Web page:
Ibaraki Museum of Modern Art
The Museum of Modern Art, Ibaraki is located near Lake Semba in Mito City. The facility features works by artists from Japan and overseas.
- 666-1 Higashikubo, Semba-cho, Mito
- By public transport: 5-minute bus ride or 20-minute walk from Mito Station on the JR Joban Line
- Business Hours
- Business Hours 9:30-17:00 (last admission 16:30)
Closed Mondays (If a national holiday falls on a Monday, the museum will be open that day and closed on Tuesday)
Closed for New Year's Holiday from December 29 to January 1
- TEL: 029-243-5111
- Admission (price in brackets applicable to groups of 20 or more)
Adults 320 yen (240 yen)
Ages 70 or above 160 yen (120 yen)
High school and university students 240 yen (180 yen)
Elementary & junior high school students 180 yen (120 yen)
See More Visit
Ibaraki Prefectural Archives and Museum
The Ibaraki Prefectural Archives and Museum (Mito City) was established in 1974. Permanent exhibits showcase the history of Ibaraki from ancient times to the present day. The museum itself is housed on a plot spanning 72,000m2. This formerly was a residence during the Edo Period (1603–1868) and later a Western-style school building from the Meiji Period (1868–1912).
During autumn, the museum grounds are fantastic to see bright yellow ginkgo trees, a seasonal highlight in Japan.
Kodokan Mito Domain School
Kodokan was established in 1841 by Nariaki Tokugawa, the ninth feudal lord of the Mito Domain. It was the largest school among the warrior clan and comparable to a university by today's standards. Students could study medicine, pharmacy, astronomy, and martial arts. Japan’s last shogun, Yoshinobu Tokugawa, was educated at the Kodokan for five years from the age of six. After the Meiji Restoration in 1868, Yoshinobu spent four months confined to a room in Shizendo, part of the Kodokan complex at the time.
Oarai Isosaki Shrine
This shrine was founded in 856 when two deities are said to have descended upon the coast of Oarai. The two enshrined at Oarai Isosaki Shrine are Daikoku-sama, the god of nation-building and national prosperity, and Sukunahikona-no-Mikoto, the god of medicine.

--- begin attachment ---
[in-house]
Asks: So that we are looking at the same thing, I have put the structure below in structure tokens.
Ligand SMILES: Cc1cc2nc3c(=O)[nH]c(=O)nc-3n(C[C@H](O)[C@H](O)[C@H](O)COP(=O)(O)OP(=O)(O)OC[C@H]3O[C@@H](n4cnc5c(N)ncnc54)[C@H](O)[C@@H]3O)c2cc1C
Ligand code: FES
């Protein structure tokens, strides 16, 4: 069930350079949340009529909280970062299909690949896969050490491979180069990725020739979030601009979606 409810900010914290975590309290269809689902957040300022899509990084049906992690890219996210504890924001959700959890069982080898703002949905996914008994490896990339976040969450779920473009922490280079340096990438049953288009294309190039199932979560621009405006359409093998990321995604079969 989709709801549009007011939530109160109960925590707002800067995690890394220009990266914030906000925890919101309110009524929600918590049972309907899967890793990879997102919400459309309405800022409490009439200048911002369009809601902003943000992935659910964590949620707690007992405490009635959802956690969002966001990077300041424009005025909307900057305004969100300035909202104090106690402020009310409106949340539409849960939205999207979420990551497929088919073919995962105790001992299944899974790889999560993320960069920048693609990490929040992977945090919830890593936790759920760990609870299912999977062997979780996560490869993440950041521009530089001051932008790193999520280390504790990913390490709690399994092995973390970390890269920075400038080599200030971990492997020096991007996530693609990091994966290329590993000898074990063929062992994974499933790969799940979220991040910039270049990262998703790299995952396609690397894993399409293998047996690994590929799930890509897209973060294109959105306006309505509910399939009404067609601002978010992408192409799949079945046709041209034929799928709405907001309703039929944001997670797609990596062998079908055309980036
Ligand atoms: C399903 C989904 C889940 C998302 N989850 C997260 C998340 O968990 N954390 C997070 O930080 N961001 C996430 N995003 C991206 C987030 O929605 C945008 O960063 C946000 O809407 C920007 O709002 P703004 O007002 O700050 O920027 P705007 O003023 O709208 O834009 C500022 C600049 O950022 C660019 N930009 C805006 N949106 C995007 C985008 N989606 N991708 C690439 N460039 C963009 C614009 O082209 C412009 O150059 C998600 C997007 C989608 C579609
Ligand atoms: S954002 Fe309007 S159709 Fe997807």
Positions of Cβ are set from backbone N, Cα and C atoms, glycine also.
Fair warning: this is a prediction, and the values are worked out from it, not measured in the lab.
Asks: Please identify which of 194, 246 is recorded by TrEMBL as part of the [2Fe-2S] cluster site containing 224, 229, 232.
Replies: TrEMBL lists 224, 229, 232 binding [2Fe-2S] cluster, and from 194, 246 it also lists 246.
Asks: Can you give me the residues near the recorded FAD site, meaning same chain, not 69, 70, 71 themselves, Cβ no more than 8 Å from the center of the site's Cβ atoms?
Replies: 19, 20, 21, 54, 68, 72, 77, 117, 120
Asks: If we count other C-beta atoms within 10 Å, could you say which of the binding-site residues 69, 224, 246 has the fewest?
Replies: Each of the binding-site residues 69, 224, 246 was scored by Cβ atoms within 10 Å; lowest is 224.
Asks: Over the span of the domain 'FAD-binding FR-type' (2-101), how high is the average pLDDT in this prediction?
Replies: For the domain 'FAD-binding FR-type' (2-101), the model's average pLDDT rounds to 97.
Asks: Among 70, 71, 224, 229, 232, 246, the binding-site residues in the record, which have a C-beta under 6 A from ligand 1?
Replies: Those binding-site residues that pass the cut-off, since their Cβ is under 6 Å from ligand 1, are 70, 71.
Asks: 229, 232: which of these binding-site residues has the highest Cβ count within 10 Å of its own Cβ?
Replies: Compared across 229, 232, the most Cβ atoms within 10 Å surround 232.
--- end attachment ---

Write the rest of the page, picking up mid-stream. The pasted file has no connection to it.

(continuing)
Oarai Isosaki Shrine is associated with the nearby Kamiiso-no-Torii, a sacred gate where the gods are said to have descended earth. This shrine gate stands dramatically on rocks in the Pacific Ocean and attracts photographers worldwide. On New Year's Day, the sun rises directly between the pillars of the shrine gate.
This shrine is also famous among fans of the anime series "Girls und Panzer," which is set in the town of Oarai and uses real-life locations. Many prayer plaques at the shrine feature illustrations of the characters from the anime drawn by visiting fans.
Read More About Ibaraki
A Must-See in Autumn! Red Spider Lilies at Gugyoji Temple
Gugyoji Temple is located in Joso, a city in southwestern Ibaraki. Droves of people visit from September to October when the enchanting higanbana or red spider lilies grow. We'll introduce Buddhist narratives about the higanbana, charms of Gugyoji Temple, and recommended spots in the area.
Kasamashiko – A Journey Through Japan’s Pottery Culture
The city of Kasama and the town of Mashiko are two of Japan's most renowned producers of traditional pottery. These two areas are often collectively referred to as 'Kasamashiko.' At 'Kasamashiko' visitors can enjoy unique events such as the area's pottery markets or visit spots such as the famous Ibaraki Ceramic Art Museum.